2010 2nd baby
    2011 Started process over again
    2011 5 July I-130 receipt
    2012 11 January I-130 APPROVED
    2012 1, Feb received NVC #
    2012 19, April, Paid NVC fees
    2012 11 Sept, Fingerprints; Sept 13, Visa interview CDJ


    "All our Dreams can come true, if we have the courage to pursue them." ~ Walt Disney



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    Thanks for sharing your experience, starcrossed! It sounds like you worked fast! And thanks for letting us know that Mexico City notarized the form for free. The websites used to state that they would notarize forms for govt use for free, but this changed after the fee increase last year. Glad to hear some places are still applying the old rules!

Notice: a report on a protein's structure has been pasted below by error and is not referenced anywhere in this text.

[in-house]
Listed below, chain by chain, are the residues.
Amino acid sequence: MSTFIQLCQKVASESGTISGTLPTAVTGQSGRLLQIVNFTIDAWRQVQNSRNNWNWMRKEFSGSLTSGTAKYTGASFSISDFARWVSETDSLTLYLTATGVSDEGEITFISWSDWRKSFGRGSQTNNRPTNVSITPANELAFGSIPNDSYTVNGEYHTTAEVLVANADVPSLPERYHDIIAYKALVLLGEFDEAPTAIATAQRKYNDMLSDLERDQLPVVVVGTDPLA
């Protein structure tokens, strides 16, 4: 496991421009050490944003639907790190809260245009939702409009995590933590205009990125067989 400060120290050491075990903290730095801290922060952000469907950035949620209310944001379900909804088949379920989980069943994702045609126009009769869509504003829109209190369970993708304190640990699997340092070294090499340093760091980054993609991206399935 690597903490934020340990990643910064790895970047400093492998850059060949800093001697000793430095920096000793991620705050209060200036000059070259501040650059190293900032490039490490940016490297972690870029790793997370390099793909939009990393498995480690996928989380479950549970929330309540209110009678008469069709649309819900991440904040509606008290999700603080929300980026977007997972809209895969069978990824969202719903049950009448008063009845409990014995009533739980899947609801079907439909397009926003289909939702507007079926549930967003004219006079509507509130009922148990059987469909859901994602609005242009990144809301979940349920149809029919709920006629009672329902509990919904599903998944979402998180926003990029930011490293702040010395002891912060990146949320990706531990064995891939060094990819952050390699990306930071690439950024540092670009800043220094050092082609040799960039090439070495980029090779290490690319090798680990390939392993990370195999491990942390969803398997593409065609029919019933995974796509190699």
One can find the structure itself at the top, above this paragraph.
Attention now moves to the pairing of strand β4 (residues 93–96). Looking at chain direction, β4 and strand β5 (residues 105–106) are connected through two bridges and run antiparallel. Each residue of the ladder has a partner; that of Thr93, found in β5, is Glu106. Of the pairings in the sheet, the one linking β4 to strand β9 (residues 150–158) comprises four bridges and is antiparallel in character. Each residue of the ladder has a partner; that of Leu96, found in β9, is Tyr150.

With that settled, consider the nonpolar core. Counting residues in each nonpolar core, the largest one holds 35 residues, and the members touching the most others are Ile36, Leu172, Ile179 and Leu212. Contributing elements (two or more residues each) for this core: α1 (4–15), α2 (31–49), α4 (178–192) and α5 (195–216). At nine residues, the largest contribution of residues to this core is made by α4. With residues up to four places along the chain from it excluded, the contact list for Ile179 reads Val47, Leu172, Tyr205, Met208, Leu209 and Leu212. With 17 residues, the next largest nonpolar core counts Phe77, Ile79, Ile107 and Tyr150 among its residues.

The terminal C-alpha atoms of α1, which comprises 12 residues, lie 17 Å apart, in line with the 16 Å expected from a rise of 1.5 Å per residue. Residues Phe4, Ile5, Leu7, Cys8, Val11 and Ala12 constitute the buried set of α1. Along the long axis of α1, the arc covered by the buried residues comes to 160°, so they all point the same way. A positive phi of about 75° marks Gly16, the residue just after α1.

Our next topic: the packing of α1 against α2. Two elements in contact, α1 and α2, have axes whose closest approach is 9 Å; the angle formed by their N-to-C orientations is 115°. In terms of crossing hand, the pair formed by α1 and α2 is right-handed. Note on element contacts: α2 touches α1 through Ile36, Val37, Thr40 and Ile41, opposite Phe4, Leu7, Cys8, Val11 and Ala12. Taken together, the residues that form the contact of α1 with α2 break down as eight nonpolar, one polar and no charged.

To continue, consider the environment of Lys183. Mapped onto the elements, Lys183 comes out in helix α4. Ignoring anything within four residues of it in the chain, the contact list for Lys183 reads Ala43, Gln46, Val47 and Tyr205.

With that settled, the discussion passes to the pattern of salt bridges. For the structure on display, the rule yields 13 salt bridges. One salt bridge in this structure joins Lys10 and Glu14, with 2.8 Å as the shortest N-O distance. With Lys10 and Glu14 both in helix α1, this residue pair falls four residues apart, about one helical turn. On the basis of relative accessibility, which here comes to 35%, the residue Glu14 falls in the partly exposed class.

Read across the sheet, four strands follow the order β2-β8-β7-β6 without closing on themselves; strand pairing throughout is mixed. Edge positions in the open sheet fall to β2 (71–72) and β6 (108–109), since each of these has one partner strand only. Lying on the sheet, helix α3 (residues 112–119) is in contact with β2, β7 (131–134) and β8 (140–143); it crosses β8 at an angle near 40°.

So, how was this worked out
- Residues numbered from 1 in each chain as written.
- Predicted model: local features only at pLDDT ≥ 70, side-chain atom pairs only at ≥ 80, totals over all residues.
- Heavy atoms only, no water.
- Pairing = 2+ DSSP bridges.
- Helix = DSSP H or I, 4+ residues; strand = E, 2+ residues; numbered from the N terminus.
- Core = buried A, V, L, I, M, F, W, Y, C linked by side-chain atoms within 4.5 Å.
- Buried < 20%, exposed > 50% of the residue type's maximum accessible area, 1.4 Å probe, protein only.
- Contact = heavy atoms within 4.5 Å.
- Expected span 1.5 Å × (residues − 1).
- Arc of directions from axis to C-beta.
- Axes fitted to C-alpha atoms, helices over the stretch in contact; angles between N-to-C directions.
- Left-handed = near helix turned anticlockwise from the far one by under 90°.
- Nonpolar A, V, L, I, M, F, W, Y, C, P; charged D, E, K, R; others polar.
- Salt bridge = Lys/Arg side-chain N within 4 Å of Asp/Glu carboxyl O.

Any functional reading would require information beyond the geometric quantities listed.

Please post your immigration questions on the forum, not in a private message. Always consult an experienced lawyer before filing.
    *If you believe you or someone on your behalf checked the "US Citizen" box on an employment document, please do not send a private message. Talk to a trusted lawyer about what could happen. *
    Getting StartedGetting Legal Status for Your Loved OneWaiver Eligibility
    Recommended Lawyers Visa BulletinHelp from Elected OfficialsTranslations

    Consular ProcessKnow before filingSpouse/Fiance Petition Petition Processing TimesNVC Stage Medical/InterviewI-601 WaiverAfter Approval
    Other Routes Adjustment of Status in the US Direct Consular Filing

    Living Outside the USLife in MexicoMoving to Canada Moving to Other Countries

    Officially banned for life w/no waiver (6cii)- but we don't give up! Read our story
    Lawyers I've worked with and highly recommend: Laurel Scott Laura Fernandez Lizz Cannon





  6. The Following User Says Thank You to Los G For This Useful Post: